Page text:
I know you’ve all been waiting. So here, then, reproduced entirely without permission, is some official blurb concerning the Government’s Manual For Streets, which appears to be some sort of initiative aimed at improving the design of our, urm, streets. Ready? Comfortable? Here we go.
The purpose of the Manual For Streets is to consolidate the necessary components for effective street design into a single integrated source of information and guidance that will facilitate professional communication and understanding.
The Manual will recognise the full range of design criteria necessary for the delivery of multi-functional streets and ensure that practitioners have the most up to date information available on the considerations relevant to those criteria, including quantitative thresholds where appropriate.
Now, is it just me, or is this bollocks? Having already suffered the words ‘facilitate’ and ‘delivery’, I decided I’d rather kill myself than read any more from the Manual For Streets. But then I realised there hadn’t been a ‘solution’ yet, so I decided not to kill myself and make an effort instead. And I discovered some disturbing things about the quest to make streets “social places, not just traffic spaces”.
For a start, I’m always suspicious of any attempt by the authorities to tell me how to enjoy myself. It’s all a bit strength-through-joy for my liking. It’s a small step from here to morning exercise in the park and community singing, you mark my words.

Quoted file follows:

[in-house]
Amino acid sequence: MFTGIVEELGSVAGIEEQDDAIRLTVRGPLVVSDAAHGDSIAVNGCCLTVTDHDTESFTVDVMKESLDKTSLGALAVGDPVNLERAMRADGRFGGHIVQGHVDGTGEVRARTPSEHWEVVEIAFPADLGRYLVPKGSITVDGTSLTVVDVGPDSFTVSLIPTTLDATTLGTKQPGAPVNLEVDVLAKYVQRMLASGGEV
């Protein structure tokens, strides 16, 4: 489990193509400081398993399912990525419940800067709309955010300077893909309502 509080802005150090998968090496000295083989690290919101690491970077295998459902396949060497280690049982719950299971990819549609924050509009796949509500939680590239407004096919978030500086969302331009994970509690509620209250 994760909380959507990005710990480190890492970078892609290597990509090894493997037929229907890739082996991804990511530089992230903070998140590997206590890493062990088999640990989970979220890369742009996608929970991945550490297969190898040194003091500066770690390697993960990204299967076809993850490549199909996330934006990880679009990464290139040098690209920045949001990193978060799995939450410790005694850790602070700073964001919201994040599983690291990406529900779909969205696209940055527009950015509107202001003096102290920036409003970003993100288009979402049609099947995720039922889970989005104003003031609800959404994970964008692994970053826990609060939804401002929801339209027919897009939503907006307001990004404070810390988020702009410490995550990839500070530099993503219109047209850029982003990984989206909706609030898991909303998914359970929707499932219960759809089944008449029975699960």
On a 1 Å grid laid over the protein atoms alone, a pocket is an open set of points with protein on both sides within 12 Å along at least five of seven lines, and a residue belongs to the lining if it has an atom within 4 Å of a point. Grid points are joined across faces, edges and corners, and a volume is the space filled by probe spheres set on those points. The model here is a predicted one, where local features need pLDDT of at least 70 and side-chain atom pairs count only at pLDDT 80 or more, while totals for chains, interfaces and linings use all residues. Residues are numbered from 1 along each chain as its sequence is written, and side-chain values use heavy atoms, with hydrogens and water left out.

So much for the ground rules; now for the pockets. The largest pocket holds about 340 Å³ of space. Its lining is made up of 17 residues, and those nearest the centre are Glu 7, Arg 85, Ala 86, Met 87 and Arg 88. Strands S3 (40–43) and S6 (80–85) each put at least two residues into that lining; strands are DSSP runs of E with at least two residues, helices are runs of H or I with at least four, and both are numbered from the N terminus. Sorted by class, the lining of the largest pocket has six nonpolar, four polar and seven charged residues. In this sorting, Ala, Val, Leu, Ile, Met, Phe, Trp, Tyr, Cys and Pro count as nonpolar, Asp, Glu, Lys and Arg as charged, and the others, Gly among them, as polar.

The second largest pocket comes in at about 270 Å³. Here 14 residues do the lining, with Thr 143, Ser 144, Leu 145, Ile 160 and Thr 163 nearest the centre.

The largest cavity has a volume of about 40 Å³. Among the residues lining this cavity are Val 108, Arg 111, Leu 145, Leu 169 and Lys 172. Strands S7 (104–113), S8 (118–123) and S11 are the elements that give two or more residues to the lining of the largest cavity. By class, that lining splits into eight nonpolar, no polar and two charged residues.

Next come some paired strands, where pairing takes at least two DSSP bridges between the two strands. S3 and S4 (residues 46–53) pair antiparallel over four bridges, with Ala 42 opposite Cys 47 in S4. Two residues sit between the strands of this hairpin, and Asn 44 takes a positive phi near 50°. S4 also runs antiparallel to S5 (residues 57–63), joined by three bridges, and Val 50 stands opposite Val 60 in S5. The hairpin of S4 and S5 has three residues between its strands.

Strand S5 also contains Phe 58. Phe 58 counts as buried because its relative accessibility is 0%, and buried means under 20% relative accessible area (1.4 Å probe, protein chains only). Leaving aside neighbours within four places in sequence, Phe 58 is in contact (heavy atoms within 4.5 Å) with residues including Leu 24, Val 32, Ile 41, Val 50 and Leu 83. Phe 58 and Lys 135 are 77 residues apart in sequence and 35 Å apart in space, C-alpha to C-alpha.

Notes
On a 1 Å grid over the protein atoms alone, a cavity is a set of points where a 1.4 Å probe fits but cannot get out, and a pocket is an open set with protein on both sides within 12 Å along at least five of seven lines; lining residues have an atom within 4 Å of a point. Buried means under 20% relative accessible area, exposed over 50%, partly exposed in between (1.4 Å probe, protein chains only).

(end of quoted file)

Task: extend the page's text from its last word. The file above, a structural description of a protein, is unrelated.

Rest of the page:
But I do agree with the basic premise that streets should be social places. In fact, the street where I live already is one. People live on it, run in and out of each others’ houses to borrow a cup of sugar, grow plants, talk rubbish, and moan about the bin men. We cook meals for each other, help each other with small DIY tasks and the subsequent rush to hospital, recommend builders and ask each other politely to turn the radio down. All this happens on my street. We even drive up and down it occasionally, although if other people drive up and down it too fast, we go out and shout at them. Multi-functional? We’re already there, although we haven’t yet used it as a landing strip.
How could this be improved? Well, apparently, speed humps could be removed – hoorah! – in favour of a doctrine of ‘shared space’. But hang on. Surely they’re not suggesting that there should be no delineation between the bit generally occupied by the cars and the bit that people walk on? My own experience of ignoring this well-established divide – when crossing the road, for example – suggests that this is a good way to get run over.
"I’m always suspicious of any attempt by the authorities to tell me how to enjoy myself”
But I’m afraid that’s exactly what they’re suggesting. In the future, the road and the pavement will be on the same level, and trees will be planted at the edge of the road bit to “slow cars down”. I don’t think this will work. I was going to ring and ask Marc Bolan, but then I remembered that he died some time ago when his car hit a tree at the side of the road.